To be clear, Ligler says these challenges aren’t all bad. “These challenges are wonderful kickstarts to help build proficiency in a movement, re-establish a movement routine, or motivate your office to sit less at work,” but you can’t spot-tone or reduce body parts with a single exercise. “If six-pack abs or a Kardashian booty are your goal, a plank or squat challenge won’t bridge that gap without a complete revamp of your movement and nutrition regimen,” says Ligler.
4. Thinking that lifting will make you “bulky.”
Strength training is an important part of any exercise routine—not only does it make you stronger, but it provides a slew of other health benefits like bone protection, stress relief, and even a metabolism boost. But, despite a ton of physical and emotional positives, weight lifting still gets a bad rap, says Angela Gargano, CPT, a trainer at Performix House—primarily that it will make you “bulky” and “bigger.”
However, that’s just not the case. “Enough with this; lifting does not make you bulky,” she says. In fact, you have to make way more dietary and exercise changes than just strength training to add bulk. Instead, “lifting weights is going to tone up your body” and make you stronger, she says—so focus on that.
5. Going hard for every workout—and never taking a day off.
Say it with me now: Take a damn rest day. “No rest or recovery is the quickest route to injury,” says Rebecca Kennedy, Peloton Tread master trainer. “Your body needs recovery and rest as much as it needs exercise and movement.”
Not only that, but you may also hinder your goals if you overtrain. “You see the results of the effort you put in when you recover,” she says. “The rebuilding and repair of muscle tissue is done during rest especially when accompanied by proper nutrition, hydration and sleep.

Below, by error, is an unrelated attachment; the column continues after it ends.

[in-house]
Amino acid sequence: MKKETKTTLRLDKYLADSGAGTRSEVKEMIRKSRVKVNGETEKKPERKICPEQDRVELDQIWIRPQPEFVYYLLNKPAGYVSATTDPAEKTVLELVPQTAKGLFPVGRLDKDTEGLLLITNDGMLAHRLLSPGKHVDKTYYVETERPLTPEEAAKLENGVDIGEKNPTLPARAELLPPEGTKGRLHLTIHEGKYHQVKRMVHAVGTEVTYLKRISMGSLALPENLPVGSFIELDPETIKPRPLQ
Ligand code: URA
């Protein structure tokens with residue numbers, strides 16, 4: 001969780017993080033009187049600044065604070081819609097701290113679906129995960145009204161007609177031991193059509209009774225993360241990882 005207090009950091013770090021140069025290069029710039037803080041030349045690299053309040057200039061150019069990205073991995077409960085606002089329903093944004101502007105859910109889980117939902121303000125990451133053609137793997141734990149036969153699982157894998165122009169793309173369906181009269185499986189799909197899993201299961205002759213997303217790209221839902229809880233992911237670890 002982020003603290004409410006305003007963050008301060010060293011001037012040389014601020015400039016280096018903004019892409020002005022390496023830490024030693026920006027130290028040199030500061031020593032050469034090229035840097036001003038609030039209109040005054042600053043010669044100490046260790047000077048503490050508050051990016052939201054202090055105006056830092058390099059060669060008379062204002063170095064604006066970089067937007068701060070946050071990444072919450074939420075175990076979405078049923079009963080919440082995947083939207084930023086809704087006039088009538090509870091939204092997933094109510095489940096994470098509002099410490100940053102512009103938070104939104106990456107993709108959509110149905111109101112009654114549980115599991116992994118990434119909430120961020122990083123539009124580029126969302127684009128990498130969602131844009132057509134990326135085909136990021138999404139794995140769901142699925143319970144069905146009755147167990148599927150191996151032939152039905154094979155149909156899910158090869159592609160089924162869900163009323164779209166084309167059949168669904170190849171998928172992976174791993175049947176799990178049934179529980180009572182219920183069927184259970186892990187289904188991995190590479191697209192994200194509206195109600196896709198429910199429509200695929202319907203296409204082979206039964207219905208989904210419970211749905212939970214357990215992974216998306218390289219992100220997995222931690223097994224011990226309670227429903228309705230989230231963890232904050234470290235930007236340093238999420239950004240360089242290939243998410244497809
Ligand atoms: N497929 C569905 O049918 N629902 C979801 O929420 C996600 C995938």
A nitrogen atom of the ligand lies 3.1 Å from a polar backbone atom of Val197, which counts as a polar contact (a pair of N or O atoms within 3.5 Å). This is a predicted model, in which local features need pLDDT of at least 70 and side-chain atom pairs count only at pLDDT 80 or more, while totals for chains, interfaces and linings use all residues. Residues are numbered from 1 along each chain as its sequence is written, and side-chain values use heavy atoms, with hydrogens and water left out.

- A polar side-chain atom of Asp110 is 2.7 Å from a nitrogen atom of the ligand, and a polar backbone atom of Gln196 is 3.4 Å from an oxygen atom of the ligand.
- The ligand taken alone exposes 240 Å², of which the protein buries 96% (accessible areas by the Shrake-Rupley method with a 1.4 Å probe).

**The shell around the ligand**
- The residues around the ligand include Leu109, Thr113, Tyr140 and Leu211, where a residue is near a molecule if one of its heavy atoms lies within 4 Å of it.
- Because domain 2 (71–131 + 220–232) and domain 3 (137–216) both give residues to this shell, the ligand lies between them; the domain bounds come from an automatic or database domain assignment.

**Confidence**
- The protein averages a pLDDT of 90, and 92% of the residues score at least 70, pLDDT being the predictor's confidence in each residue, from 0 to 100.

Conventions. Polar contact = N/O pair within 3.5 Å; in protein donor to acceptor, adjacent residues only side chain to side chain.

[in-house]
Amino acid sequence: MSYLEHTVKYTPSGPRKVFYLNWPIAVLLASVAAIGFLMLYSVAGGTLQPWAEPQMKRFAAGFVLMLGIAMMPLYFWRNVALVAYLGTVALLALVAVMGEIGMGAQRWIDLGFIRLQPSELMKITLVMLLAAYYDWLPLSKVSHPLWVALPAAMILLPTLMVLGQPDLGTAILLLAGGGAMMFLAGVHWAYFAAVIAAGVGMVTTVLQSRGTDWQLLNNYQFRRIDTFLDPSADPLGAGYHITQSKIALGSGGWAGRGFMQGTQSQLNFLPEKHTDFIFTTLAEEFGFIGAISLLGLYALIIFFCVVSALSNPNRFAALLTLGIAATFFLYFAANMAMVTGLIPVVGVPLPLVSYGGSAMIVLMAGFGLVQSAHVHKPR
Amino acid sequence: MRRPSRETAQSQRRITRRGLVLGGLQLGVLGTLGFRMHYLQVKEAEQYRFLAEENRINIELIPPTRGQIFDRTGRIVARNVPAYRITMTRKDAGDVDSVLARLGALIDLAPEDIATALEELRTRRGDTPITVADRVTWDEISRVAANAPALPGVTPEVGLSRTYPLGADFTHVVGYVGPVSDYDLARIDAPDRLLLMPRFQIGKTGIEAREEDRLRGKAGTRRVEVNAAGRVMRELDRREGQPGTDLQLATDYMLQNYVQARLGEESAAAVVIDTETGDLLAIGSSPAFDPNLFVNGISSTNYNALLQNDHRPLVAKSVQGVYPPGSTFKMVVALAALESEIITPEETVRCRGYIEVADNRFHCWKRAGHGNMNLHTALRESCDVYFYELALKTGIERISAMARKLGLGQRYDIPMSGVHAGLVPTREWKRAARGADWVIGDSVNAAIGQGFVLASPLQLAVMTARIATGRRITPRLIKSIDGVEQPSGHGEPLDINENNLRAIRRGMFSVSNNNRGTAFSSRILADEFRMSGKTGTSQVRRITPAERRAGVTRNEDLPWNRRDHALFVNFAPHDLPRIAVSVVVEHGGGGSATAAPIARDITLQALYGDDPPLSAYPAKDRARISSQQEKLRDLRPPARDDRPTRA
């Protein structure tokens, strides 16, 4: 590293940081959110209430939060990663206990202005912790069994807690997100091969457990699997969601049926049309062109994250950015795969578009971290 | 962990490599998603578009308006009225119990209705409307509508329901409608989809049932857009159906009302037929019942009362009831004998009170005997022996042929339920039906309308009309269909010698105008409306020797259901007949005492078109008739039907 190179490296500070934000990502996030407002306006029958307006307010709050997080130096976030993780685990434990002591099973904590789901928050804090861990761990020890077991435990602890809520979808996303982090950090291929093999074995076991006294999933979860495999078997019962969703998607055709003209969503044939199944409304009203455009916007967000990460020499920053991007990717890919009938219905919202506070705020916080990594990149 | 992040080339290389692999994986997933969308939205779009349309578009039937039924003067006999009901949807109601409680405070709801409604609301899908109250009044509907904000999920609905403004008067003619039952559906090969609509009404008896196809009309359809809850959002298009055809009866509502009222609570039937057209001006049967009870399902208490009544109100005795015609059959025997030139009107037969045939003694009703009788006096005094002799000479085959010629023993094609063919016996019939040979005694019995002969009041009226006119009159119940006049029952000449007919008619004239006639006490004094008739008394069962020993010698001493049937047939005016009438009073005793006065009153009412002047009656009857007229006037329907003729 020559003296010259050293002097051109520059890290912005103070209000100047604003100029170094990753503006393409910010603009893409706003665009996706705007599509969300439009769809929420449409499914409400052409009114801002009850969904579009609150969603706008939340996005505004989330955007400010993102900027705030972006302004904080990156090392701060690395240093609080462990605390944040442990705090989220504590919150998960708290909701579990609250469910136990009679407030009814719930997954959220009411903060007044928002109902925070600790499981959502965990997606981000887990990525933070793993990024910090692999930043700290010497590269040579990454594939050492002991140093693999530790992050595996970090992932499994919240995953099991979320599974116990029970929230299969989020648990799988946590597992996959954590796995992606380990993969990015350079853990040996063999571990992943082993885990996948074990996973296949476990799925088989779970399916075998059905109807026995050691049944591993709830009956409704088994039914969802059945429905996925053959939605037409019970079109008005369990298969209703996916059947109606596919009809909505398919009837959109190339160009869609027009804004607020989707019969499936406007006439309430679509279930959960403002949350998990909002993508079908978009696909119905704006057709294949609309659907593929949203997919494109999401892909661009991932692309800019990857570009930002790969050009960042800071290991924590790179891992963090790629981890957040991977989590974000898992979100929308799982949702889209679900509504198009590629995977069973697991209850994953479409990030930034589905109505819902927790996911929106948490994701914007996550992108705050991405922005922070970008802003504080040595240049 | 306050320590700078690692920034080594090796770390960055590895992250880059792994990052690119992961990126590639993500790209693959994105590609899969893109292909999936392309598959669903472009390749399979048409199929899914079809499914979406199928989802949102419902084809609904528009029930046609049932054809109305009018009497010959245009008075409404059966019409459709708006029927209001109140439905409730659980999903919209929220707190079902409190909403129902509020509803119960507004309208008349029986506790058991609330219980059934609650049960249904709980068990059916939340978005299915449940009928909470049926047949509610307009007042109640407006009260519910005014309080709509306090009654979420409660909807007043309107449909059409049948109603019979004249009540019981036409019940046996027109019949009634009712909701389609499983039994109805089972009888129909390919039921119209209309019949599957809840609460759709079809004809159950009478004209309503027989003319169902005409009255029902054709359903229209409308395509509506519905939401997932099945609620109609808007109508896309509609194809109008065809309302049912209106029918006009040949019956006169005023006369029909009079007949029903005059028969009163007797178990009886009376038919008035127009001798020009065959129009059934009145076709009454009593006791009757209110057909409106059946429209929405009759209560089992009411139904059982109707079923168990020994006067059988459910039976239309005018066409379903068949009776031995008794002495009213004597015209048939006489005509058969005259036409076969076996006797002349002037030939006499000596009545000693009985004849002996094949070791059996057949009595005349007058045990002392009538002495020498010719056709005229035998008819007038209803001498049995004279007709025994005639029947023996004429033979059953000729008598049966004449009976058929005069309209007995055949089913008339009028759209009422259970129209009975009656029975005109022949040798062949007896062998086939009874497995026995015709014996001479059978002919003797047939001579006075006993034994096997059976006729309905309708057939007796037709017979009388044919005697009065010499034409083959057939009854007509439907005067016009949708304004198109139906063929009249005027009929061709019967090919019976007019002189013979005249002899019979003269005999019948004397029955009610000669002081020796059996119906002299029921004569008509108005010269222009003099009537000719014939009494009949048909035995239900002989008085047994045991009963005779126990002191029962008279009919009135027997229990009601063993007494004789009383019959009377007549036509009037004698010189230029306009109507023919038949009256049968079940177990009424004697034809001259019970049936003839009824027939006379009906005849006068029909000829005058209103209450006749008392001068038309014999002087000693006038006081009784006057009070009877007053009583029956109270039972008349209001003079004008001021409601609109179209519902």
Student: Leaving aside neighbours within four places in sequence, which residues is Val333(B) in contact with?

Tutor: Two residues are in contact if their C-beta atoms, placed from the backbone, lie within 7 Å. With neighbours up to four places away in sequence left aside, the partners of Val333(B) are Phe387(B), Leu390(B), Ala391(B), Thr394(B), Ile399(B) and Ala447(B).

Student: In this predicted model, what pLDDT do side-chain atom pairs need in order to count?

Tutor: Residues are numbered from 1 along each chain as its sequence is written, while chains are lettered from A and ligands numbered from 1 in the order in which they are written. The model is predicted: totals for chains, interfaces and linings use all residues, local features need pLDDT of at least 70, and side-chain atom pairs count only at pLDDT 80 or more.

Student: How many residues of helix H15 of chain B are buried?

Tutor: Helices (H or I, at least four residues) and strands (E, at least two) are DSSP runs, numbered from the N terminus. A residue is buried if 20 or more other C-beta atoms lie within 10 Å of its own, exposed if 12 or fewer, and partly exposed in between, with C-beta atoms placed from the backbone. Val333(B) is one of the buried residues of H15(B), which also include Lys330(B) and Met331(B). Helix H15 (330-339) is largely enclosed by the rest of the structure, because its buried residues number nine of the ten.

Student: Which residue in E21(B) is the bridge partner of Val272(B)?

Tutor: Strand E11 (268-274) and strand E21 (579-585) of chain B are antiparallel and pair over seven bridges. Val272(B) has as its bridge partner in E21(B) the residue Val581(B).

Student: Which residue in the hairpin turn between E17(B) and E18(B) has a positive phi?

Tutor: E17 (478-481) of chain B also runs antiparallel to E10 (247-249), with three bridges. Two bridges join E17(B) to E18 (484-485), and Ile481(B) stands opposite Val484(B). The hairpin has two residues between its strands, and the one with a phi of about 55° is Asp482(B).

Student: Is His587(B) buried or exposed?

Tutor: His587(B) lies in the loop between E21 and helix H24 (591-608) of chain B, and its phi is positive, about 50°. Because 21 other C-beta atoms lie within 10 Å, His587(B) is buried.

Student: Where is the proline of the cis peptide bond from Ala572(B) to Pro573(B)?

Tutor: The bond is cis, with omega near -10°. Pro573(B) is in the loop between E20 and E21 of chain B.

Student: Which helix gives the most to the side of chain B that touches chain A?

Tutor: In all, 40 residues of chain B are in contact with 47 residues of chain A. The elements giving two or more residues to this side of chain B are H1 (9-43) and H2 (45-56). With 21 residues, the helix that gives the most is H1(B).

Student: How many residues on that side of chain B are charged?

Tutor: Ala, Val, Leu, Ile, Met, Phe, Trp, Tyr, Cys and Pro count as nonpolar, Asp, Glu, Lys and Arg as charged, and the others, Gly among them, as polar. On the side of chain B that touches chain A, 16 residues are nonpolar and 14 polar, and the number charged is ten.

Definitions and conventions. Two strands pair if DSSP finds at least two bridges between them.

To that end, training too hard each time you train—like, if you solely do high-intensity interval training (HIIT) exercises—can also do more harm than good. “HIIT workouts are great because they’re effective and efficient, however, they shouldn’t be done every time you work out, or more than two to three times per week,” she says.
Instead, she suggests switching things up a bit more and combining your fave HIIT workouts with lower-intensity exercises like yoga, cycling, or strength training to get the most out of your exercise routine.
6. Believing workouts will “lengthen” your muscles.
Fun fact: Your muscles are as long as they’ll ever be. “You can’t change where your muscles begin and end—these are anatomically [set],” says Kennedy; so it’s wise to be skeptical of any workout that promises to elongate those muscles.
That’s not to say you should shun any workout that says it will lengthen your muscles—you just need to go into them a little more realistically. It’s more likely that a workout that claims to “lengthen” your muscles is more focused on flexibility, says Kennedy. “When you stretch your muscles, you increase your flexibility,” she says. “But you do not do so through increasing the length of the muscles, you do so through decreasing your brain’s threat response (the brain allows the muscle to stretch further).” The more you know!